a plurality of network interfaces, communicatively coupled to the communications management unit, each of the network interfaces responsive to at least one wireless communications network; and
a processing unit within the communications management unit and responsive to the plurality of message processing applications and the plurality of network interfaces, the processing unit comprising:
a message routing function block responsive to the plurality of message processing applications and the plurality of routers, the message routing function block operable to receive a plurality of programmable message routing rules from the communications management unit;
a network selection and management function block responsive to the message routing function block, the network selection and management function block operable to receive:
a plurality of aircraft state inputs based on a current flight phase of an aircraft hosting the system; and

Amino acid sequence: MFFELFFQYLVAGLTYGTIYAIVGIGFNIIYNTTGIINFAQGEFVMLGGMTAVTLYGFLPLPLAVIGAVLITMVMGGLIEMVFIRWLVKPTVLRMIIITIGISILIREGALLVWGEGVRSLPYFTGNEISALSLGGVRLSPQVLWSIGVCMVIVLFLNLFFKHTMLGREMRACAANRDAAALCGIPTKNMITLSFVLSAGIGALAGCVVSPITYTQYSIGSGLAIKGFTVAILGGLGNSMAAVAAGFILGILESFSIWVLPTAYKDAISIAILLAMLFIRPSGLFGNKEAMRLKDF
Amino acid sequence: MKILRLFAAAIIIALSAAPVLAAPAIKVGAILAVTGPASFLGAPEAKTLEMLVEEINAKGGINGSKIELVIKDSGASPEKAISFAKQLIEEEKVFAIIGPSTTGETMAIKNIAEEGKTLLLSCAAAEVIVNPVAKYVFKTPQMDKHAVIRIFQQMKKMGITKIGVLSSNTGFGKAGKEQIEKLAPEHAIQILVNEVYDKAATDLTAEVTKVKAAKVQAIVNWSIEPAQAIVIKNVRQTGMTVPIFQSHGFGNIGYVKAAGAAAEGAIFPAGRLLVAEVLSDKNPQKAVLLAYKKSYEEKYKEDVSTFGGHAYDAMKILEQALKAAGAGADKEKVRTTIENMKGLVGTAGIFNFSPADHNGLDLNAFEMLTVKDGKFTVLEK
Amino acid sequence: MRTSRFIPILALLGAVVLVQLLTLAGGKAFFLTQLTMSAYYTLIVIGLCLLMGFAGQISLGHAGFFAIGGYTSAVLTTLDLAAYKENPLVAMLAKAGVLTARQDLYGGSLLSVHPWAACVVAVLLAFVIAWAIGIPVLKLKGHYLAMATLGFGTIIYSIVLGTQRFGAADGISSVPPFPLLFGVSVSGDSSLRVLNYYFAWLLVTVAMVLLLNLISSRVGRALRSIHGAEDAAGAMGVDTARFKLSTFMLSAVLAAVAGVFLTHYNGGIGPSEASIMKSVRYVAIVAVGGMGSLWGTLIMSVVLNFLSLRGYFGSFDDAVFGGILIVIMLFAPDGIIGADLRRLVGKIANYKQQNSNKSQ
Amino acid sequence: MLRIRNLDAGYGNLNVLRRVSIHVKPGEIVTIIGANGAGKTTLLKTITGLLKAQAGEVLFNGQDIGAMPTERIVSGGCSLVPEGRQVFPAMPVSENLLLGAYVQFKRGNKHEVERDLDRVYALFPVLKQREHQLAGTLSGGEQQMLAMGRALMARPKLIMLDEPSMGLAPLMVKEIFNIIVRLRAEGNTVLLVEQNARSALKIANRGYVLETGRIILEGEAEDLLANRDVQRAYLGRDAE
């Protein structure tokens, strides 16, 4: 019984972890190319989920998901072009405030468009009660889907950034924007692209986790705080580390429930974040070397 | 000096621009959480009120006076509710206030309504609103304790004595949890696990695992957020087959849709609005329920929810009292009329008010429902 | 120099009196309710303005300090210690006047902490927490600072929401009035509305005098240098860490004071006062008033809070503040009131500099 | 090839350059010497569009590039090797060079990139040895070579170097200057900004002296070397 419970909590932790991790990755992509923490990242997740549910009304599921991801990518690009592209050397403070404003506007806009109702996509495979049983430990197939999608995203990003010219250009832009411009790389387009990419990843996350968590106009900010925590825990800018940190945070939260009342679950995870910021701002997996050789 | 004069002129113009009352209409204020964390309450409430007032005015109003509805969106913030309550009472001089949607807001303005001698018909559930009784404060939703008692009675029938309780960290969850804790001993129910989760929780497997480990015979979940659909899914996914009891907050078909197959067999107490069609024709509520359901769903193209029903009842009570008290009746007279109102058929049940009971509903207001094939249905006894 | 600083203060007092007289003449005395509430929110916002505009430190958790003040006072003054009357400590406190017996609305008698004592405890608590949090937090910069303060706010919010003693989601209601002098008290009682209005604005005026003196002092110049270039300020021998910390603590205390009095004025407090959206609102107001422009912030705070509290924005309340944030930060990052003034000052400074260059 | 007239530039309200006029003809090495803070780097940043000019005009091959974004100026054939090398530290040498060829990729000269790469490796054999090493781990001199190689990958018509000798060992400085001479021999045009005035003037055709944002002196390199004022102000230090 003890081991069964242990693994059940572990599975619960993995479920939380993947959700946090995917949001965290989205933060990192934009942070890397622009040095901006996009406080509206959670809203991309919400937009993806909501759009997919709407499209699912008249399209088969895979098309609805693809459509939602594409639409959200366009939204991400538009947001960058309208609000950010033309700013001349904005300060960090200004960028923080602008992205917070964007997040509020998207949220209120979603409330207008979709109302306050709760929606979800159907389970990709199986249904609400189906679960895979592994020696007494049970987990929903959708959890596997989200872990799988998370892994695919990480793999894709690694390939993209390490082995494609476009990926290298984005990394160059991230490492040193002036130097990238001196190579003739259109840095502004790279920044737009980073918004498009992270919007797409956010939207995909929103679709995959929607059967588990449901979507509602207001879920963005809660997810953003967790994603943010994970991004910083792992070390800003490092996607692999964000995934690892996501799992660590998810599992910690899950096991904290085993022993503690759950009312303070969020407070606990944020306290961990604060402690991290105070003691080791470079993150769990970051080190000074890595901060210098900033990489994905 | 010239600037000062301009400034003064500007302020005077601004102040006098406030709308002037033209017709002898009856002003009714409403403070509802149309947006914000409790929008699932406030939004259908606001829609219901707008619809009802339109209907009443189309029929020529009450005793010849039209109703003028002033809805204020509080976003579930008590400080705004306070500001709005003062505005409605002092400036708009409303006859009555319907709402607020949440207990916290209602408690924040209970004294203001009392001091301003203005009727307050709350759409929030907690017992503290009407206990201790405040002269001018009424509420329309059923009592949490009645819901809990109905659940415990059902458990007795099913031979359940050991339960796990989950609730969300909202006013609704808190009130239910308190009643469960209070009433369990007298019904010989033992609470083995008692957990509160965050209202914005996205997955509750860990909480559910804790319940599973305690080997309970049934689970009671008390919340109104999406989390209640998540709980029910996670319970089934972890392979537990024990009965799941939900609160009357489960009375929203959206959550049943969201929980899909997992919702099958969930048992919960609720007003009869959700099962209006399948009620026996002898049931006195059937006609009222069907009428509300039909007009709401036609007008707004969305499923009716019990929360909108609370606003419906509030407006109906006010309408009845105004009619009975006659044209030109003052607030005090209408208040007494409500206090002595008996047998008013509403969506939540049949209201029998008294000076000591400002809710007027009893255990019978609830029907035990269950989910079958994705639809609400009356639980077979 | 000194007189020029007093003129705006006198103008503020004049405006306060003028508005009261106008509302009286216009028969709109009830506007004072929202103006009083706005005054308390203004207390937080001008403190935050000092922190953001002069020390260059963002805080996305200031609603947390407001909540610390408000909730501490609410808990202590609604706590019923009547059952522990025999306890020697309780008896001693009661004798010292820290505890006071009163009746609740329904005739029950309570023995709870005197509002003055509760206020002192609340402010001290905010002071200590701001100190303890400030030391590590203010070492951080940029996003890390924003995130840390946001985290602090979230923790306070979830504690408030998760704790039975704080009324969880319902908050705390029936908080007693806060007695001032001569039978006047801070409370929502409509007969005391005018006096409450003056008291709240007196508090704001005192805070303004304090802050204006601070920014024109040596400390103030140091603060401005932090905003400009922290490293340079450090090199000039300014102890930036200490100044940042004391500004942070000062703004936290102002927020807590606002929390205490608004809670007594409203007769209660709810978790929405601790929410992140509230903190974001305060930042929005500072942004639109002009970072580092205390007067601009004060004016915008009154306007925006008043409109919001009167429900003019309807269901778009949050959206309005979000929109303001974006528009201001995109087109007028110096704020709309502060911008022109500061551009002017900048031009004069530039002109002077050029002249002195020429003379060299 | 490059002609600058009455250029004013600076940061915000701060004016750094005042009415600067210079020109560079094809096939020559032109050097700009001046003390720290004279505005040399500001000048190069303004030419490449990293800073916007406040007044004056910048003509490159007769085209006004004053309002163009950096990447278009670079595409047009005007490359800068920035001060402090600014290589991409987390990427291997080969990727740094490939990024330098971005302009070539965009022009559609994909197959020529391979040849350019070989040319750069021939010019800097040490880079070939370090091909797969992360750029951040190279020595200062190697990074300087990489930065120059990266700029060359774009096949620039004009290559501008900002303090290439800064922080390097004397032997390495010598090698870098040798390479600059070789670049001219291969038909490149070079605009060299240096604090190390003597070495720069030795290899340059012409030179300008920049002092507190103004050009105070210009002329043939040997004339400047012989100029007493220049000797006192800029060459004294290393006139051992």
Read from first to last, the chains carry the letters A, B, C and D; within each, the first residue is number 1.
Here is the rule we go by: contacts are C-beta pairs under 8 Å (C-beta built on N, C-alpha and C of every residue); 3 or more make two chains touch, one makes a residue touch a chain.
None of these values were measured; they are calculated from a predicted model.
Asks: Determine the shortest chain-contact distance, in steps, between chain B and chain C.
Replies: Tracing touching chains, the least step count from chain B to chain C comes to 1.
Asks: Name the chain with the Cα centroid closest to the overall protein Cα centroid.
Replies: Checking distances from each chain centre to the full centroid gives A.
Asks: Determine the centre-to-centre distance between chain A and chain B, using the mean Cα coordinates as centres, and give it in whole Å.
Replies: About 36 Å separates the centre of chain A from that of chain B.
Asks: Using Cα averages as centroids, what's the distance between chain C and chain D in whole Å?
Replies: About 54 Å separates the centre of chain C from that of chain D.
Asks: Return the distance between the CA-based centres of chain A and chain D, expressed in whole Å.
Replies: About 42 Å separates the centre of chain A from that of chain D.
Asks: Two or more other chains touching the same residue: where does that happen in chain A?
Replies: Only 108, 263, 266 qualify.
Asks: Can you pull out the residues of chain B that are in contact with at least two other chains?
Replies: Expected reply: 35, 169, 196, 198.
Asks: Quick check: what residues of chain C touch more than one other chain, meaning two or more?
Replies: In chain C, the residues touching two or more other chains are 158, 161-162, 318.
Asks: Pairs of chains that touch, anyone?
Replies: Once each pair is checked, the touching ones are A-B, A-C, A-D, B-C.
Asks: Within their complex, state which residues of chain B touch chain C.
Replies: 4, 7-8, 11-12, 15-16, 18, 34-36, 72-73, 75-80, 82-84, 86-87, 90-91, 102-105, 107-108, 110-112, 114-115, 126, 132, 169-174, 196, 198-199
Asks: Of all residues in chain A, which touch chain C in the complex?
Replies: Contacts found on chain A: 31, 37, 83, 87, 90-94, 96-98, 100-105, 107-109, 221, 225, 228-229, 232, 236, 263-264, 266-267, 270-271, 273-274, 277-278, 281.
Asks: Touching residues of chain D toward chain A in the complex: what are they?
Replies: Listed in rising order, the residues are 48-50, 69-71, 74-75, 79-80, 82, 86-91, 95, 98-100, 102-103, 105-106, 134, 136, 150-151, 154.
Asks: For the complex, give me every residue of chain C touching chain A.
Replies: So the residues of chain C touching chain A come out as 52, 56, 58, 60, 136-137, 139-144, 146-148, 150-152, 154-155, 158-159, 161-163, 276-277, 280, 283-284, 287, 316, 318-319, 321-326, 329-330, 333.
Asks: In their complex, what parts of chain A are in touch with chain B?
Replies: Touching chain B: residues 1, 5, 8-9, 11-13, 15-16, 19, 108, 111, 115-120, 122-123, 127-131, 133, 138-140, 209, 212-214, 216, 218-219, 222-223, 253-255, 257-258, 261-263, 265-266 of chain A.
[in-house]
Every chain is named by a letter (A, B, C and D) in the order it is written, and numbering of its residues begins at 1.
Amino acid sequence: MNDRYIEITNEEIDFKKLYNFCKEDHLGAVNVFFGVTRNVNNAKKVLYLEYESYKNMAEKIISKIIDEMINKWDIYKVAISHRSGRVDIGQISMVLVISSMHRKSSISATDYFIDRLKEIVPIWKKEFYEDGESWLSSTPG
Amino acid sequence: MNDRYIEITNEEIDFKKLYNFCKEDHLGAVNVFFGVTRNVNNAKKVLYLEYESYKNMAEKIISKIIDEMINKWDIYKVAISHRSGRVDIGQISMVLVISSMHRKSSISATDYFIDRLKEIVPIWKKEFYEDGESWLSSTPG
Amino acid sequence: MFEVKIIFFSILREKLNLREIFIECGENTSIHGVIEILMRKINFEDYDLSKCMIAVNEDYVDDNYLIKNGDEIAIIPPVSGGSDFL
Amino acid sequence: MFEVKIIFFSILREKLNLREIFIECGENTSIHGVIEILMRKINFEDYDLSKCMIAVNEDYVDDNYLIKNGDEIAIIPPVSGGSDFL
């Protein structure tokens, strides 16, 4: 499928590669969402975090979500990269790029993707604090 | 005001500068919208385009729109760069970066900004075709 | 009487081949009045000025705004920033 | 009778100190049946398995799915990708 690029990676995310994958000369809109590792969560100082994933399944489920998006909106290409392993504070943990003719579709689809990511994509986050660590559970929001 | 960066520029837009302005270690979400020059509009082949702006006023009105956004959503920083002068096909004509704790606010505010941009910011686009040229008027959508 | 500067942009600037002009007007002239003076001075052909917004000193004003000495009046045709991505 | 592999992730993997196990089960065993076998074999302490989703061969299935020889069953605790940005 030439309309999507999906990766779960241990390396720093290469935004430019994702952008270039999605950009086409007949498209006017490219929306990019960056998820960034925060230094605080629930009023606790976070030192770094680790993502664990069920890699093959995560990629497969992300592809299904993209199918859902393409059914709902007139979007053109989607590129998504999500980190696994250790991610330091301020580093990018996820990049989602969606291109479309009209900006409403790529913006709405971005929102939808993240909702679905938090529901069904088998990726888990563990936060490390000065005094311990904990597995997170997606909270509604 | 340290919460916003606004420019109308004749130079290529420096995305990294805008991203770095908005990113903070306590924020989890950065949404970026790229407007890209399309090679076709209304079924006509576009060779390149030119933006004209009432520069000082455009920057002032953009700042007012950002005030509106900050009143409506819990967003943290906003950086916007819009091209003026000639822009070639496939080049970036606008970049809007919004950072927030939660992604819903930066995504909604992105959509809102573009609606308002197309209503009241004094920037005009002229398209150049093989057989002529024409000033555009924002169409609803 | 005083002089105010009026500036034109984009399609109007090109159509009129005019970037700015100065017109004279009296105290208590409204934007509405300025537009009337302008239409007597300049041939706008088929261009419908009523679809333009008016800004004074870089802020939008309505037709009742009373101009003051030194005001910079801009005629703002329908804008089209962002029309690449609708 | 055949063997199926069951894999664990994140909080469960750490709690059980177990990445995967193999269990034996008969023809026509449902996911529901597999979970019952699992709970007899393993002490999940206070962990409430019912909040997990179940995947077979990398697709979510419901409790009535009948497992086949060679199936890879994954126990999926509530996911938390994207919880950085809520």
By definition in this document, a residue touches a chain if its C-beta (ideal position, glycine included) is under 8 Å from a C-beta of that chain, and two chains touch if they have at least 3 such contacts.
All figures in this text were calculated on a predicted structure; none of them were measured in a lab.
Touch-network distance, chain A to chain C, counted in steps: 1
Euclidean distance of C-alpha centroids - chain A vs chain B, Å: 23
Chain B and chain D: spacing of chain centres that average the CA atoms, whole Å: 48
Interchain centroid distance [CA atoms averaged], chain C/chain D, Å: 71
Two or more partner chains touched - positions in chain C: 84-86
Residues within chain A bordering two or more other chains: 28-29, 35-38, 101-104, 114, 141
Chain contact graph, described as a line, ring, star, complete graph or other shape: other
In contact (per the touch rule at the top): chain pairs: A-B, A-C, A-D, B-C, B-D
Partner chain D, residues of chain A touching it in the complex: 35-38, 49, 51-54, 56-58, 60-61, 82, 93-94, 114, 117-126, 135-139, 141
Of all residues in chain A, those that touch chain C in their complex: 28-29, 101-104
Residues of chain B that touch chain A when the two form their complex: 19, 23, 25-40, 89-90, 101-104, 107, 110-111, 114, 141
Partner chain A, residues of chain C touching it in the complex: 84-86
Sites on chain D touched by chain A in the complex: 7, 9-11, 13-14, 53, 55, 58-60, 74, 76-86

a plurality of network selection rules from the communications management unit; and
a plurality of adaptation and control blocks responsive to the plurality of routers and the processing unit, wherein each of the adaptation and control blocks are operable to route aircraft data link messages through a preferred network interface as instructed by the programmable message routing and network selection rules.
12. The system of claim 11, wherein the communications management unit further comprises:
a converged service interface communicatively coupled between the plurality of message routing applications and the processing unit, the converged service interface operable to transfer the data link messages between the appropriate message processing applications; and
a network adaptation interface communicatively coupled between the processing unit and the plurality of network interfaces.
13. The system of claim 11, wherein the communications management unit incorporates the plurality of programmable message routing rules and the plurality of network selection rules in at least a portion of a customizable feature set of the communications management unit.
14. The system of claim 11, wherein the plurality of network interfaces comprise at least one of a very high frequency data link radio interface, a high frequency data link radio interface, a satellite communications data link radio interface, a local area network interface, a wide area network interface, and a metropolitan area network interface.